She misses that her boyfriend Wade is using her to prep for a Congressional run, which would be a heartbreaking tale about a skeptical journalist letting down her guard and being disappointed if she didn’t know so little about everything else. She confesses to Sloan that her economics knowledge only extends as far as thinking “a lot of what’s going on in the world has to do with the economy,” and that her oversight of the economics statements she’s producing consists of the following: “I pretend to read what you give me, then I nod.” Her response to the news that the Army is filling the power void in Egypt? “The army’s not the good guys?” All of this might have been cute for Mary Richards back in the days when she was still ordering Brandy Alexanders during job interviews, but there’s something distasteful about Sorkin’s asking us to buy incompetence in the guise of dizzy adorability. Nina would be justified in investigating MacKenzie’s utter lack of qualifications even if there weren’t ethical lapses in her current performance or errors of judgment in her past.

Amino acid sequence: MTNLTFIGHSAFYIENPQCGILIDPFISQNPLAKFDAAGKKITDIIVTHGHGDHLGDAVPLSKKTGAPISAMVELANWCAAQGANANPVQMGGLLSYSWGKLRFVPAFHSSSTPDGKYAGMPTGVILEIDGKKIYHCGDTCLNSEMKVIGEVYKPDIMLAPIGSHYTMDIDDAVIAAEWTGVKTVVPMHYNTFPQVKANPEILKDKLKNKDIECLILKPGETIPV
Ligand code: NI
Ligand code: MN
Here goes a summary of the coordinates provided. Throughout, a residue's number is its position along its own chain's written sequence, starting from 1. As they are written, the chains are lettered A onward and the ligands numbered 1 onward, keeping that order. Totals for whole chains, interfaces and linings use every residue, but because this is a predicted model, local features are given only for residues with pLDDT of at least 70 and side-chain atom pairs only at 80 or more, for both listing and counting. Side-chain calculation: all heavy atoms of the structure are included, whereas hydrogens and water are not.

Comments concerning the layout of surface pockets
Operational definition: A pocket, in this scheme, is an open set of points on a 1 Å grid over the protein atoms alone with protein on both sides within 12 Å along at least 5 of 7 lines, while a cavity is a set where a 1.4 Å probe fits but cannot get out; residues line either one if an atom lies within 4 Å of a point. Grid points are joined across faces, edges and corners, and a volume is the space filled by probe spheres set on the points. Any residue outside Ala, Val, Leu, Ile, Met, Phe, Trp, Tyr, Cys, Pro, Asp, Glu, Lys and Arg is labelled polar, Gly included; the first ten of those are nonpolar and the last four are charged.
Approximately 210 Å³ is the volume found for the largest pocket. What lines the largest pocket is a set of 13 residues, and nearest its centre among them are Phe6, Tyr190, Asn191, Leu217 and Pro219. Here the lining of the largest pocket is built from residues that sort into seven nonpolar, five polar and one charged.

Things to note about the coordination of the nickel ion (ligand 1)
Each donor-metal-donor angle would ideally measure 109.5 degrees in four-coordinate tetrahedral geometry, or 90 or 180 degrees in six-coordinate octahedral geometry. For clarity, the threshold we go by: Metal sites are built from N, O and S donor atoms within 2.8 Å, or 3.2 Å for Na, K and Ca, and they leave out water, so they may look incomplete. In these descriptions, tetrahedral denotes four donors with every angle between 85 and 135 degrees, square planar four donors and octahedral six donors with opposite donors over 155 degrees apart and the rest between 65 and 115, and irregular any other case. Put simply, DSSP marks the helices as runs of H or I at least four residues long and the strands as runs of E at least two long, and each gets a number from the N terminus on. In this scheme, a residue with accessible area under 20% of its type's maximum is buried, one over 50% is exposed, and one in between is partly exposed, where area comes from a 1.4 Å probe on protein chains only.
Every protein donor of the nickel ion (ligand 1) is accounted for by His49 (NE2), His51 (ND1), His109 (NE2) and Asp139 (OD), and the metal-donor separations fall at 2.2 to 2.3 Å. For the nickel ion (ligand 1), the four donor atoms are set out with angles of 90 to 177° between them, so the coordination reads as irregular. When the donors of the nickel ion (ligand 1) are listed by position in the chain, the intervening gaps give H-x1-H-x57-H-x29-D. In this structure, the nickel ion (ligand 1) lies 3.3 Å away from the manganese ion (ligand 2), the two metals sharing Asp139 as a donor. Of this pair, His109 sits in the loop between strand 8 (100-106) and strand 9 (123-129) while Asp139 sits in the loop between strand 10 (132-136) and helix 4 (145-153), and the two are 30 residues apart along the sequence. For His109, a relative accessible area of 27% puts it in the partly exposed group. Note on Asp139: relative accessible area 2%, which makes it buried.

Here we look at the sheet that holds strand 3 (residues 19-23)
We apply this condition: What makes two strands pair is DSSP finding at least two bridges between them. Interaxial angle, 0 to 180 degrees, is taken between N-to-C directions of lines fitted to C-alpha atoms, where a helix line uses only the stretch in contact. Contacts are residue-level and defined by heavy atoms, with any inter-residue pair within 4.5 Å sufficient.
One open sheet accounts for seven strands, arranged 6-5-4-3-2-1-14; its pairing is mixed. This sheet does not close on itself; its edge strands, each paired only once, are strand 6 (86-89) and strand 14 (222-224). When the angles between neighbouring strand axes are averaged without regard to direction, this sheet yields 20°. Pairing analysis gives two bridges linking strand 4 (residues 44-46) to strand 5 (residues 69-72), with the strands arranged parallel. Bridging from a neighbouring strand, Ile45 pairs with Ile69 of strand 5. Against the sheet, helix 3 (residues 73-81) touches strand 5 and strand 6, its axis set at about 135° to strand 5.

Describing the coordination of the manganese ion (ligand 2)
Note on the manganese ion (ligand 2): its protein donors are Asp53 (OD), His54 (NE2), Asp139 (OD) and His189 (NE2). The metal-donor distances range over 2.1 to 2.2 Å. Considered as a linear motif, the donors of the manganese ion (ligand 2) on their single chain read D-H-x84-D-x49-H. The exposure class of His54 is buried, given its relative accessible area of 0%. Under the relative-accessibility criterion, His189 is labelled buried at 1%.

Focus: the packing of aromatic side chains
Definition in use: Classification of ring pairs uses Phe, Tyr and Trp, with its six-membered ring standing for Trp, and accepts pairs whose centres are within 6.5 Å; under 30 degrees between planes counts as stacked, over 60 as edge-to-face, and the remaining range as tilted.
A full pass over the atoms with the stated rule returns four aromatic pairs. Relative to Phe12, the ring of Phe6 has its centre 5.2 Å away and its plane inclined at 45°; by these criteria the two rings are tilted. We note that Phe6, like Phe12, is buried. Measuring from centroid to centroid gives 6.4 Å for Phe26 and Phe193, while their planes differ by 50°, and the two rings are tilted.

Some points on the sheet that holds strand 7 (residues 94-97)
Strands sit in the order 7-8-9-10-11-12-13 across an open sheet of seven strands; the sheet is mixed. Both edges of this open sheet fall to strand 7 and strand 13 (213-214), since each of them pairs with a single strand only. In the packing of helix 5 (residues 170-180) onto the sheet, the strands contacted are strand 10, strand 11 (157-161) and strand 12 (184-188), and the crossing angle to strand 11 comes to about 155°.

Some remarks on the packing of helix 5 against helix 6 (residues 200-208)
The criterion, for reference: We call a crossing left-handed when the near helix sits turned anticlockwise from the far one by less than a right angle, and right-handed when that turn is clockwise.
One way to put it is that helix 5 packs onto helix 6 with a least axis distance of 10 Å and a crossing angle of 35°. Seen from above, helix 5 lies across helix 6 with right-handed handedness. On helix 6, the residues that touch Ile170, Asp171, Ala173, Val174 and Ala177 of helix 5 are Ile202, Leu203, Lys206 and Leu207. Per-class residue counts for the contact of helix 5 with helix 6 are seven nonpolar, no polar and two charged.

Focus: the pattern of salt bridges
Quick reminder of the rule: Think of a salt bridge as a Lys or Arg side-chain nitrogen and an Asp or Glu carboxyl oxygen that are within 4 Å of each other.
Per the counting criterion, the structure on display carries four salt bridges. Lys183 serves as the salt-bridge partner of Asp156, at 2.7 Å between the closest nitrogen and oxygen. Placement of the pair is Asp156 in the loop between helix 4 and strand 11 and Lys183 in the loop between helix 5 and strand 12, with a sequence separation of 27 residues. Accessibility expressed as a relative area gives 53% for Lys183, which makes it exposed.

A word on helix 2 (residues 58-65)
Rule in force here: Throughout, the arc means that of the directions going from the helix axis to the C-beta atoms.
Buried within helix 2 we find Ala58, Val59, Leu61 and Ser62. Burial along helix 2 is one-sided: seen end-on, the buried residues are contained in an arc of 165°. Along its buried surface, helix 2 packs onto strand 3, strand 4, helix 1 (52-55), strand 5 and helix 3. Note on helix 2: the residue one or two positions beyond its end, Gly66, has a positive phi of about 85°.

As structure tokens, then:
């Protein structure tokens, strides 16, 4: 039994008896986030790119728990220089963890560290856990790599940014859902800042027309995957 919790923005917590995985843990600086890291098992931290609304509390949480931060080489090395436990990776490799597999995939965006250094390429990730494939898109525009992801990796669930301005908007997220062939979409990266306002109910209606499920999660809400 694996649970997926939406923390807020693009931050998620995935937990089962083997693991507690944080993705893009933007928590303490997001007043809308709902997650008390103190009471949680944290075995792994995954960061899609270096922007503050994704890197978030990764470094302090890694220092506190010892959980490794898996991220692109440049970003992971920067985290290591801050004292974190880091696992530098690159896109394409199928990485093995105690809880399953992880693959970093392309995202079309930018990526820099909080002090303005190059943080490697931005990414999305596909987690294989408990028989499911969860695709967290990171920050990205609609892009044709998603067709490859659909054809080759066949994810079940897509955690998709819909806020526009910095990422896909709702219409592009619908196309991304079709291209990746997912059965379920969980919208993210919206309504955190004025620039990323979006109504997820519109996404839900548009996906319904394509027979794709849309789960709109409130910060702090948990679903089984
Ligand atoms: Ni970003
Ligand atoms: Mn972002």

This glaring contradiction is doubly unpleasant because it sullies the best job The Newsroom’s done so far at actually showing the challenges and pains of directing correspondents on the ground from a cable control room. The reason the coverage of Tahrir Square works is that Will and his team don’t magically discover a major scoop simply because they care about it more than anyone else, or avoid a major error because they’re so much more ethical than their competitors. The episode is, instead, largely about process and the dangers of reporting in a war zone.